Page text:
TERENCE SMITH: And so, in response, the lawyer for James Dale?

JAN CRAWFORD GREENBURG: Right, Evan Wolfson stood up and said he saw the issue completely differently, and in fact it was about whether a large organization like the Boy Scouts could be exempt from a state antidiscrimination laws, could discriminate against someone solely because of their identity.

He noted that James Dale had never advocated or espoused to any kind of homosexual views in meetings with his Boy Scout members. And so to Mr. Wolfson, this case turned on whether or not this law would apply and whether or not the Boy Scouts would have to comply with it and allow someone who didn’t advocate contrary views.

TERENCE SMITH: So the Justices heard two strong arguments. How did they react?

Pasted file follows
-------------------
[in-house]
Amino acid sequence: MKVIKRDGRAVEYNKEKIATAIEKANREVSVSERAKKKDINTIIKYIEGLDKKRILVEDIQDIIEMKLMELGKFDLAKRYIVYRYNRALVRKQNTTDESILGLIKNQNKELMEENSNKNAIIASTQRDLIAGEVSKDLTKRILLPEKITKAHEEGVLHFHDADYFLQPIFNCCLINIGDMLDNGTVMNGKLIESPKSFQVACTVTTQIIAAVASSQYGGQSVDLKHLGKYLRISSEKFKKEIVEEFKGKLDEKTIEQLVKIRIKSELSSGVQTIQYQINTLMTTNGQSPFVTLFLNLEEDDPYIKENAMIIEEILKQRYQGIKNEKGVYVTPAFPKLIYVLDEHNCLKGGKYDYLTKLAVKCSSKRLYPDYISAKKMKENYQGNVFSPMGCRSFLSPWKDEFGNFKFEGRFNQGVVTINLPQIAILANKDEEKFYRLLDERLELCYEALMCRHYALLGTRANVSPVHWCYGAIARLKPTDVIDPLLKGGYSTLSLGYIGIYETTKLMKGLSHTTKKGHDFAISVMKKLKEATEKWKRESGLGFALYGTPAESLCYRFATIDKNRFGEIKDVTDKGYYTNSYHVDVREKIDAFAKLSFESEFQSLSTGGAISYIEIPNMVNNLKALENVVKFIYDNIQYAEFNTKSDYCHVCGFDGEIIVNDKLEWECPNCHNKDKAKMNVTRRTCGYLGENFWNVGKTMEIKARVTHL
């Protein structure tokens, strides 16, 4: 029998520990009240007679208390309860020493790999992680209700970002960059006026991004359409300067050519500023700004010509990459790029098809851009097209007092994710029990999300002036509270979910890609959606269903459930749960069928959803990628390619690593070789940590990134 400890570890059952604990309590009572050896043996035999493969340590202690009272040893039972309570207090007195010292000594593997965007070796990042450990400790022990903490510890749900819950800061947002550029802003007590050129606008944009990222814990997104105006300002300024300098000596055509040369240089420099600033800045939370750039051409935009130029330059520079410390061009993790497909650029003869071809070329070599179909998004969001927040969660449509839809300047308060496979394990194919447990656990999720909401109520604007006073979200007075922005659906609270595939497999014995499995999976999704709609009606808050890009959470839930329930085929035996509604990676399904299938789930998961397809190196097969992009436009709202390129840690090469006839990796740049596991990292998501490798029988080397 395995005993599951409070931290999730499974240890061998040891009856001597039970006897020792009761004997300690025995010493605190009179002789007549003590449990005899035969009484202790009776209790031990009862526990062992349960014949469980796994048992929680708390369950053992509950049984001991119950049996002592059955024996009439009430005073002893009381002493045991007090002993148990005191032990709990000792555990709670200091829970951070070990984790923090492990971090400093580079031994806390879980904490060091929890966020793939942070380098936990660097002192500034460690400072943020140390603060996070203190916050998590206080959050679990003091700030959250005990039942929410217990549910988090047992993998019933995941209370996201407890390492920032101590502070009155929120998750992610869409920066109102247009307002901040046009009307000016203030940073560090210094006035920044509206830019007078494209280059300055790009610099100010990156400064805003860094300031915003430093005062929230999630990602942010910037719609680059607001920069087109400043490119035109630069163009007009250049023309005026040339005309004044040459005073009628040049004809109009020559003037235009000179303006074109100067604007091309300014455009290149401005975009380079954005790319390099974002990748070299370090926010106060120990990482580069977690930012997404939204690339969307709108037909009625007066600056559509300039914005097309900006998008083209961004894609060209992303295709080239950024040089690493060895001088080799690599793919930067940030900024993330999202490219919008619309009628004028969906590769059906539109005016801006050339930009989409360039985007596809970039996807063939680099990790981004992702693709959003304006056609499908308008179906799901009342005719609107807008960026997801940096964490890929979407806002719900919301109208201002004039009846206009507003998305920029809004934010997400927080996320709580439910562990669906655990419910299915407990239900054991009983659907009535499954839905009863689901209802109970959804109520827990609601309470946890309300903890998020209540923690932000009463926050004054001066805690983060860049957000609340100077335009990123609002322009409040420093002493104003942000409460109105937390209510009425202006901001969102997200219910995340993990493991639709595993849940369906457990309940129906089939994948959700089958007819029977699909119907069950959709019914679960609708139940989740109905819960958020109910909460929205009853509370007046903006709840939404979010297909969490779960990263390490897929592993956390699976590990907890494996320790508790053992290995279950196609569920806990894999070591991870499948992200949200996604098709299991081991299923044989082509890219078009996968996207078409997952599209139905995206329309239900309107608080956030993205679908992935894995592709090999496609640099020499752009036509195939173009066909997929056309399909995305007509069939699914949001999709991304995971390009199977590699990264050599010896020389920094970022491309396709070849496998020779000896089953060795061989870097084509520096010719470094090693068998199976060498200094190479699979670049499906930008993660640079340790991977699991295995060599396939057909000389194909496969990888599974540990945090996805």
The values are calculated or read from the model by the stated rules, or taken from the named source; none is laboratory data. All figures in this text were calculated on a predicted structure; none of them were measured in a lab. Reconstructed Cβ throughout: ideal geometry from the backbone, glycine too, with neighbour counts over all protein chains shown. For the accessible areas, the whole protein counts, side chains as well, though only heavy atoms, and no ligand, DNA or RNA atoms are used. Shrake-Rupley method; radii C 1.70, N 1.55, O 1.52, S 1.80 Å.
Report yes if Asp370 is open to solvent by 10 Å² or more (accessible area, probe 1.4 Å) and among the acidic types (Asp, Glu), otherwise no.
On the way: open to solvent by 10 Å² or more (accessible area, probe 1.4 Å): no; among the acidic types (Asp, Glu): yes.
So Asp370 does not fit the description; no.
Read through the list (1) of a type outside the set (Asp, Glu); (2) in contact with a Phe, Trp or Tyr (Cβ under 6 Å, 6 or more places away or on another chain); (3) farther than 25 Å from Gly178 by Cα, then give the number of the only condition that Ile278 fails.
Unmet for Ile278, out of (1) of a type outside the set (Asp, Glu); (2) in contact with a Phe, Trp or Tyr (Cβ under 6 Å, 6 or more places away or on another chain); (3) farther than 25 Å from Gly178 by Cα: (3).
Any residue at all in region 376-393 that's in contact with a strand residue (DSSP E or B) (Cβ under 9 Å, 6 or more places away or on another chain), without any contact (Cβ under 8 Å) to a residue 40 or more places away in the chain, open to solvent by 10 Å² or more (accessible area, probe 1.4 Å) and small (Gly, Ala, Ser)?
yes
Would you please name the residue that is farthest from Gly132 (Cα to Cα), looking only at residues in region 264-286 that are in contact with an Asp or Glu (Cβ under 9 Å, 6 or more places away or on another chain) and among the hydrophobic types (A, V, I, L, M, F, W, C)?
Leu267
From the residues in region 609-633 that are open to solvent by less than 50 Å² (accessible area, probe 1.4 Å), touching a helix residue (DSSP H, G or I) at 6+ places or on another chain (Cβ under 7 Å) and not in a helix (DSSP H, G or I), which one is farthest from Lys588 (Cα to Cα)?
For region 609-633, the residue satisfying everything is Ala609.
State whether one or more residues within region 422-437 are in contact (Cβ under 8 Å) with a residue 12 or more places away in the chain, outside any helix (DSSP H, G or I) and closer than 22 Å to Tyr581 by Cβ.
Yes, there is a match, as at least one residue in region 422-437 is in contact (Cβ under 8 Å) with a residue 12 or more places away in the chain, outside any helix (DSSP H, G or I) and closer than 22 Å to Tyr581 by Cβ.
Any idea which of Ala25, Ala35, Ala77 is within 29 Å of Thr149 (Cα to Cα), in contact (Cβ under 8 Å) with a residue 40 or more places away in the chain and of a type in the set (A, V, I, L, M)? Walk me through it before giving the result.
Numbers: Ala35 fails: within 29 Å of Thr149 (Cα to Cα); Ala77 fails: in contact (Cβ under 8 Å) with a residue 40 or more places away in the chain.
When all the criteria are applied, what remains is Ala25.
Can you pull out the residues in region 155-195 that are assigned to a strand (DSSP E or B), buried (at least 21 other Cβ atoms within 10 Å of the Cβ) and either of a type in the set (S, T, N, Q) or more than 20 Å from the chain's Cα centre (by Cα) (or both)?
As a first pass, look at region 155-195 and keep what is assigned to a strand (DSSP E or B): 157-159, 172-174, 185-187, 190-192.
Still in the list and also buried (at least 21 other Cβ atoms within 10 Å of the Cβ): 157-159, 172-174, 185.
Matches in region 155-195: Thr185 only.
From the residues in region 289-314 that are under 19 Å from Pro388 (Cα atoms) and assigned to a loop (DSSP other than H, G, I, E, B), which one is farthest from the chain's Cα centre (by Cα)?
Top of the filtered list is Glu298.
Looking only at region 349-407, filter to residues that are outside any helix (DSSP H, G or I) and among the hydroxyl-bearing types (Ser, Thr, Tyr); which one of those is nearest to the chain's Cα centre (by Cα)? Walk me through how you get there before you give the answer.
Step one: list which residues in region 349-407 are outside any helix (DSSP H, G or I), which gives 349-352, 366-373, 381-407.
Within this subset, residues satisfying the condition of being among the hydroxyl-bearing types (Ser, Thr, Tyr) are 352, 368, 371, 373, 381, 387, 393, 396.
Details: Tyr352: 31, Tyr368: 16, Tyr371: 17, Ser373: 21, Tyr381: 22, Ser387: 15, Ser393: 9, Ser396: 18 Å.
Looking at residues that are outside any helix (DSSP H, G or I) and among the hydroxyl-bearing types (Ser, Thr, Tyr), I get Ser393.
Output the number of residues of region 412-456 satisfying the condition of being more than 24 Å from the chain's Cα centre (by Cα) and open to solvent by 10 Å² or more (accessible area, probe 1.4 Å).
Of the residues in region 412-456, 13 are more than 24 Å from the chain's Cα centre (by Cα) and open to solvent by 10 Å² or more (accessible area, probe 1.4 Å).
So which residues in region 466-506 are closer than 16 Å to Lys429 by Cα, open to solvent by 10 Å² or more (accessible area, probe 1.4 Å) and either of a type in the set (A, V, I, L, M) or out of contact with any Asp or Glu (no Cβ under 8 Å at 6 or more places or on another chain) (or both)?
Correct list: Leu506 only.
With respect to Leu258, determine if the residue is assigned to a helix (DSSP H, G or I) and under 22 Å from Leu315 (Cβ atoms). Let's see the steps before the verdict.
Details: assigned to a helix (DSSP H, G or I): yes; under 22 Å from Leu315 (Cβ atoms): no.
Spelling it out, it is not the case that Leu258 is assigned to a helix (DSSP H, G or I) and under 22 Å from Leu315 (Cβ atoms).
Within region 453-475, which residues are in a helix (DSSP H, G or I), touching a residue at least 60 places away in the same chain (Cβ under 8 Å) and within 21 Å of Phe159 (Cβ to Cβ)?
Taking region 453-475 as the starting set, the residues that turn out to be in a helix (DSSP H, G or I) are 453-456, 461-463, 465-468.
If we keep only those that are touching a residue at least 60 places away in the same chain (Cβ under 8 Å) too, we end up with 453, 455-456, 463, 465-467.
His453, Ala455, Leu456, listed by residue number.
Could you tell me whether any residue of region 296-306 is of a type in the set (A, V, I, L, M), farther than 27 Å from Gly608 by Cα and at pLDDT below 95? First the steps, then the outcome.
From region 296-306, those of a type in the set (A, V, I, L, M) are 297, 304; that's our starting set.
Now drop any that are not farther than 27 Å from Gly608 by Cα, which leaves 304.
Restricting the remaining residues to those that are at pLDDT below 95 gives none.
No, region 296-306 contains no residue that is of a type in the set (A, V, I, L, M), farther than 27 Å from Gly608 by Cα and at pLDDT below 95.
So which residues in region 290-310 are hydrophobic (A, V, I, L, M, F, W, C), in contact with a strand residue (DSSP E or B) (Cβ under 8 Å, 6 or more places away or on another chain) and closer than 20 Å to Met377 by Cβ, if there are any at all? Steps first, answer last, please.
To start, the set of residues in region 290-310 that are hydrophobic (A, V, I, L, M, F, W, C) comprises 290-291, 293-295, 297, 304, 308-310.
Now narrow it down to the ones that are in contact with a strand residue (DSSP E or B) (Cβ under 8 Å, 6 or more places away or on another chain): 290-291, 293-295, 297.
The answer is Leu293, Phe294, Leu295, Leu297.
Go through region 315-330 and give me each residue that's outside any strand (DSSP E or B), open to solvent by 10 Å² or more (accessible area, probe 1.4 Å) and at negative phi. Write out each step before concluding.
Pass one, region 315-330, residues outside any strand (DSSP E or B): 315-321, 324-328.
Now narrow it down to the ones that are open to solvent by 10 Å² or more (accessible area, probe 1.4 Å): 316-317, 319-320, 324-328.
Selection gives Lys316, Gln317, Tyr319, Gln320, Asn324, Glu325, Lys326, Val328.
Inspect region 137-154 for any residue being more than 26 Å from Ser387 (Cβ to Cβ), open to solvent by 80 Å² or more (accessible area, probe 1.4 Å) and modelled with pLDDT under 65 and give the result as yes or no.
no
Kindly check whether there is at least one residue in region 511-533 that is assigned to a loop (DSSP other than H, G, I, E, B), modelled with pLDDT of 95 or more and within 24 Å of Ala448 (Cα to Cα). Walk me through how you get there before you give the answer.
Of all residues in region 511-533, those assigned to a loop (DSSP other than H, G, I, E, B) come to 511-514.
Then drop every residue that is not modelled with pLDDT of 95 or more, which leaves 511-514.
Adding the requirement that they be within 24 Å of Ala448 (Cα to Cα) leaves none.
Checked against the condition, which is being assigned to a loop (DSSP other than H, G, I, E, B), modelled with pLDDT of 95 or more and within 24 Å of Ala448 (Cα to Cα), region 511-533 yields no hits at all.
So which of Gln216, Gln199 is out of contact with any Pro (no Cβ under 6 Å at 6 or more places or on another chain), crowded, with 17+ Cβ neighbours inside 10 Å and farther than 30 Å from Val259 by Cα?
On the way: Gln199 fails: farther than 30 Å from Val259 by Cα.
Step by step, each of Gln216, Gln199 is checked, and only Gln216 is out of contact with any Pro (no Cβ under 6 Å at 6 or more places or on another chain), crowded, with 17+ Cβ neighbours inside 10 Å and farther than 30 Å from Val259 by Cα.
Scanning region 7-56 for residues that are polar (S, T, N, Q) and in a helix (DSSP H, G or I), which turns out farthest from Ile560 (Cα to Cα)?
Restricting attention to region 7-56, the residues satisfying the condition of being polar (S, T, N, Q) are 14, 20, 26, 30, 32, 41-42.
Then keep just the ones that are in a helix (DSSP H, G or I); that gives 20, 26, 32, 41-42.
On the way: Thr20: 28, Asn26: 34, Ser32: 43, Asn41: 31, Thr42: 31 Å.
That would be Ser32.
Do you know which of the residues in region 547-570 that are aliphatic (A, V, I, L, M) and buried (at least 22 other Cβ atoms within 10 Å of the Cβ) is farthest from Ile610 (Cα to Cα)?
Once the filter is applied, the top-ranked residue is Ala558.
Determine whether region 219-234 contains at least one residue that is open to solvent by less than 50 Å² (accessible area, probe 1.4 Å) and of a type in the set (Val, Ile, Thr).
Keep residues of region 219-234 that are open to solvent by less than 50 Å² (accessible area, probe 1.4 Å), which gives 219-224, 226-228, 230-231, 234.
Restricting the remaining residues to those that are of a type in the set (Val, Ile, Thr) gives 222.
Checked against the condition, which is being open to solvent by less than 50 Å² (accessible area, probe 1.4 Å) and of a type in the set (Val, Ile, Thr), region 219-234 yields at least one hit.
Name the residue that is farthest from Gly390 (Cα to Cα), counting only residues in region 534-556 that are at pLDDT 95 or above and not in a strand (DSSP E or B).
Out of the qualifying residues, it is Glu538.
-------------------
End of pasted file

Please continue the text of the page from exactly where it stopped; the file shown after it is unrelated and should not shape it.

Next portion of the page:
JAN CRAWFORD GREENBURG: It was a very intense hour of questions, and they clearly struggled with this issue, which was, as you said, very difficult. And it was different in many ways because sometimes on controversial cases, a Justice will hammer a lawyer that he disagrees with to expose weaknesses in those arguments. But today, the Justices hit the lawyers from both sides and didn’t clearly indicate how they felt about this issue.

They asked, you know, “Try to assess what were the scouts’ moral views and who could the scouts exclude? Could they exclude adulterers?” Justice Ruth Bader Ginsburg asked if the scouts could exclude unmarried people who live together. What about heterosexuals, Justice O’Connor asked, who espoused the view that homosexuality was okay? Justice…

TERENCE SMITH: So putting these questions obviously to the lawyer for the Boy Scouts?